(After the meeting Cllr Jones has been in touch – the £851k is in-fact capital, and is referenced in an earlier agenda item on budgets – page 6 on this PDF. The figure was not corrected by anyone in the meeting.)

Cllr Jones said, “How do we get caught out as a council on this?”

“How has this happened? It is on our watch as an Audit Committee.”

Cllr Jones added there had been mention of significant input by Audit and Finance, and if the time / money in effect had been recharged to Tŷ Pawb – it appeared that had not been the case.

The Audit Officer offered a response noting the points raised were ‘highly relevant’ and ‘begged certain questions’, but offered a self labeled stock answer ‘we are where we are’.

The Officer noted ‘a whole list of issues that need to be considered’ and added in a reference to an emailed list of detailed queries from a member of the public. The Officer pointed to a Scrutiny meeting in two weeks time on the topic of Tŷ Pawb as being a more appropriate body to consider and examine them all as the focus of the Audit meeting was different.

The meeting was told by the Chair that ‘a message needs to go from this committee to Scrutiny highlighting our concerns, and the concerns that have sprung out of the assessment that has taken place’.

“It is necessary that we raise our eyebrows and raise our concerns in the expectation that Scrutiny will consider these concerns.”

Cllr Dana Davies said there could be bigger issues regarding the lack of roles and responsibilities in project management and governance.

The Chair indicated he felt strongly that apparent ‘non-compliance’ on the project management handbook use ‘to my mind mind significantly different and is what it is’, and was evidently unhappy.

An ‘offer’ was made that the fresh audit could be brought forward, and then report back to the Audit Committee on outcomes, to hopefully reassure the committee sooner than later.

Cllr Rodney Skelland chipped in, pointing out issues over the business plan for the arts and market centre that were raised in Scrutiny, and relating the odd conversation he had in a committee when the Lead Member effectively for the project Cllr Hugh Jones ‘couldnt remember’ the business plan had been brought before a meeting (snippet from our report on that below).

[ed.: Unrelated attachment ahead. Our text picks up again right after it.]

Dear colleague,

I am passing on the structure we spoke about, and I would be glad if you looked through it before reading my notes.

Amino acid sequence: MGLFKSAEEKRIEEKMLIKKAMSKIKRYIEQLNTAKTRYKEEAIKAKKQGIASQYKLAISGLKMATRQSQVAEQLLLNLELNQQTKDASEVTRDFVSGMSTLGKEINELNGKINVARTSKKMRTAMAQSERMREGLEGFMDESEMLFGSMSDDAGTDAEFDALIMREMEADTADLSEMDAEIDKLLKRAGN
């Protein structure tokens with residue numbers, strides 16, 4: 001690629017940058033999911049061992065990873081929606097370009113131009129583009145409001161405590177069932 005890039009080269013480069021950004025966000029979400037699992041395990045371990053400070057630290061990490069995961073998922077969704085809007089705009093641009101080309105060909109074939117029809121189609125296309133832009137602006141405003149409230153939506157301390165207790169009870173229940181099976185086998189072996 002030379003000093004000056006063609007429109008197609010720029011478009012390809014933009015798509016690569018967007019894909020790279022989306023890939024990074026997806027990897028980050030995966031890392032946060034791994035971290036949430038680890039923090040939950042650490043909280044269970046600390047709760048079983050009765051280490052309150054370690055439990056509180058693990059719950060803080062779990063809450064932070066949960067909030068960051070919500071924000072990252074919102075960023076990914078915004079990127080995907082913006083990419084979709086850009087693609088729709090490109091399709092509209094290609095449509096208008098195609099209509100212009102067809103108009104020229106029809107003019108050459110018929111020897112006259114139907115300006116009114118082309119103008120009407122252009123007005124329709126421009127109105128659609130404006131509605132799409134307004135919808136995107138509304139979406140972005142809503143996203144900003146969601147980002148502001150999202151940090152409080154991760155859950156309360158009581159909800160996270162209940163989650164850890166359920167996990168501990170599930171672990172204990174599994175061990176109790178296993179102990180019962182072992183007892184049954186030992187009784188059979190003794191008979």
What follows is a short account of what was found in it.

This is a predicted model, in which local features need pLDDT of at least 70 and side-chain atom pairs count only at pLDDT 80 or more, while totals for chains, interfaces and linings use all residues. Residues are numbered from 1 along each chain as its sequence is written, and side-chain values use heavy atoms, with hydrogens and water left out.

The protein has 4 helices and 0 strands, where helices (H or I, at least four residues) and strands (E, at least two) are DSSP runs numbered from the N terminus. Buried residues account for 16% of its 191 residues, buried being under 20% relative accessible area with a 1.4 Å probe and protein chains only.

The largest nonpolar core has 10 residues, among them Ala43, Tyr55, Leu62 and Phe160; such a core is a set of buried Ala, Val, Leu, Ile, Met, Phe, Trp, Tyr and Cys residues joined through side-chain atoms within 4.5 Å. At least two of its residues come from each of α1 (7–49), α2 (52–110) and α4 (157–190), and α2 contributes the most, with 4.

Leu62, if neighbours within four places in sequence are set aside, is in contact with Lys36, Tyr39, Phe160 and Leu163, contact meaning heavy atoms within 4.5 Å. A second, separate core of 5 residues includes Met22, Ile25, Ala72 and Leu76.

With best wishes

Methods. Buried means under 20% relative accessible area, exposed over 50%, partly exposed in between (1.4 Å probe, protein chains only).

Cllr Skelland agreed with Cllr Davies in the belief the Chief Executive of the council ‘should be getting involved in management issues around this’ and that ‘someone should explain to the Scrutiny committee how this situation has happened’.

The Chair summarised that Audit expects ‘detailed coverage’ of the issues being passed over to Scrutiny, and will hope for a ‘response’ to come back to allow ‘detailed assurances’, as well as awaiting the outcome of the earlier than expected re-audit.

The current chair of the forthcoming Scrutiny meeting (Cllr Paul Roberts) was firmly inquisitive in this session, however back in the December meeting he ran traders were critical of being ignored – branding it a ‘waste of time’ as questions were not asked and attendees were not called, despite notice being given they were there and had to leave early.

The Employment, Business and Investment Scrutiny Committee meet on Thursday, 13th June at 4.00 pm in the Guildhall – now with a higher expectation over their questioning ability over Tŷ Pawb now demanded by Audit.

Investigation B

Cllr Dana Davies also queried over the mysterious ‘Investigation B’ asking if there was an A or C, and how far down the alphabet things were going.

The meeting was told by Audit that there was an Investigation C and ‘not that far down’ the alphabet, despite one councillor joking it could have ‘started from Z’. The process was explained quite simply, if there is an investigation or issue flagged it is given a letter and assessed. Later Cllr Paul Roberts expressed concern that details of the apparently completed Investigation A were not included in the report before them. Investigation C was described as ‘ongoing’.

This meeting was also the first to have images recorded under the new rules – you can read more on that here…